the world. Then what spendthrift folly it is to waste needed power on
emotion that is disquieting, disagreeable and disgraceful!

That lesson was never impressed more forcibly than by a French officer
of whom a visitor from America asked, "Did I understand that you had
lost three sons?" "Yes, sir, and two brothers," was the proud reply.
"How you must hate the Boche," remarked a bystander. "No, no," was the
instant reply, "not hate; just pity, sir; pity, but not hate. Hate, you
know, is an excessive emotion, sir; and no one can do effective work if
he spends his vitality in an excess of emotion. No," he concluded, "we
cannot hate; we cannot work if we burn up ourselves inside. Pity, sir;
pity. 'They know not what they do.' That's the idea. And they don't."

The same lesson of self-restraint was taught by Marshal Foch in his
words to the soldiers of France. He urged them to keep their eyes and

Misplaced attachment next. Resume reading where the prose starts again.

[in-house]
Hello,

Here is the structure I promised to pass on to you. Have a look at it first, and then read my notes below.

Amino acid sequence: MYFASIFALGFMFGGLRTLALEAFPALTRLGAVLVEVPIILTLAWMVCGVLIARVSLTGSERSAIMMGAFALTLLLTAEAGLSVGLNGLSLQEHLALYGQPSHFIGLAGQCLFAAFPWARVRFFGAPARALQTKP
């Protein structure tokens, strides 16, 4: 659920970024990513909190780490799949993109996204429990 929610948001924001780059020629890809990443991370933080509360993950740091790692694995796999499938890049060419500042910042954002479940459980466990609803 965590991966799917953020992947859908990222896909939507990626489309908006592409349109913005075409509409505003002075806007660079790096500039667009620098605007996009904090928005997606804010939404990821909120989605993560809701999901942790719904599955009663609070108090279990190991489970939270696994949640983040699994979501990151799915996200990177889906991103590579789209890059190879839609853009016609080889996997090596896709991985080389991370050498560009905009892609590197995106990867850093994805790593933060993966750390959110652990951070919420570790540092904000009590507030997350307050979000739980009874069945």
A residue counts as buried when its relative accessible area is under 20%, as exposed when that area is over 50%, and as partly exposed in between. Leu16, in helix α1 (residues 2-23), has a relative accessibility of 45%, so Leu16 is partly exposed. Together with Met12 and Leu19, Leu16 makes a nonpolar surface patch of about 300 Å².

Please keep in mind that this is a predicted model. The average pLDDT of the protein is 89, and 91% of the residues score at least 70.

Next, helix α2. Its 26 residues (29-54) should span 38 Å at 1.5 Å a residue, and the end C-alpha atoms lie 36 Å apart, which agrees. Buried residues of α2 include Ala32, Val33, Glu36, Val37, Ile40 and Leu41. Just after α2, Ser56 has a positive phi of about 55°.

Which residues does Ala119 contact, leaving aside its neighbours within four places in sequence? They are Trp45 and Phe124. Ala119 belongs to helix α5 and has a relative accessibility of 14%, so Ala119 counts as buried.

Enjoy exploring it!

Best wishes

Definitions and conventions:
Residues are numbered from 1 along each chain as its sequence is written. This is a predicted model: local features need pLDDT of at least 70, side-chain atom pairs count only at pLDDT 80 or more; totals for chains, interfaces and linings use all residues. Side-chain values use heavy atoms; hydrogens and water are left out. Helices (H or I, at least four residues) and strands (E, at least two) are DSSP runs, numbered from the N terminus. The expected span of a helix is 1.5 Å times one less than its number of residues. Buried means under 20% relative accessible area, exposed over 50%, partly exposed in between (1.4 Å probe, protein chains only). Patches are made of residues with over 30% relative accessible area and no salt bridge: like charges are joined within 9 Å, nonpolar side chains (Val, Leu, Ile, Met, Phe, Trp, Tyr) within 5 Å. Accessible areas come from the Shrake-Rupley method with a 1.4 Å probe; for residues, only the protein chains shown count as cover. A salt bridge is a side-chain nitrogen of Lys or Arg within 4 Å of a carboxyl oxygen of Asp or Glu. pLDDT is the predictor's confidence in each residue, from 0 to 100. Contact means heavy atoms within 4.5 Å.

ears ready and their mouths "in the safety notch"; and he told them they
must obey orders first and kick afterwards if they had been wronged. He
said, "Bear in mind that the enemy is your enemy and the enemy of
humanity until he is killed or captured; then he is your dear brother
or fellow soldier beaten or ashamed, whom you should no further
humiliate." He told them that it was necessary to keep their heads clear
and cool, to be of good cheer, to suffer in silence, to dread defeat,
but not wounds, to fear dishonor, but not death, and to die game.
Because so many of the soldiers under him heeded this wise admonition,
they did not waste their precious strength on useless and harmful
emotions, but they were ever ready to go to their task, with the motto
of their division, "It shall be done."

What a blessing it will be to the world that millions of young men were
trained in France to repress hurtful emotion, to exercise
self-restraint--which may be defined as the act or process of holding
back or hindering oneself from harmful thoughts or actions. And what a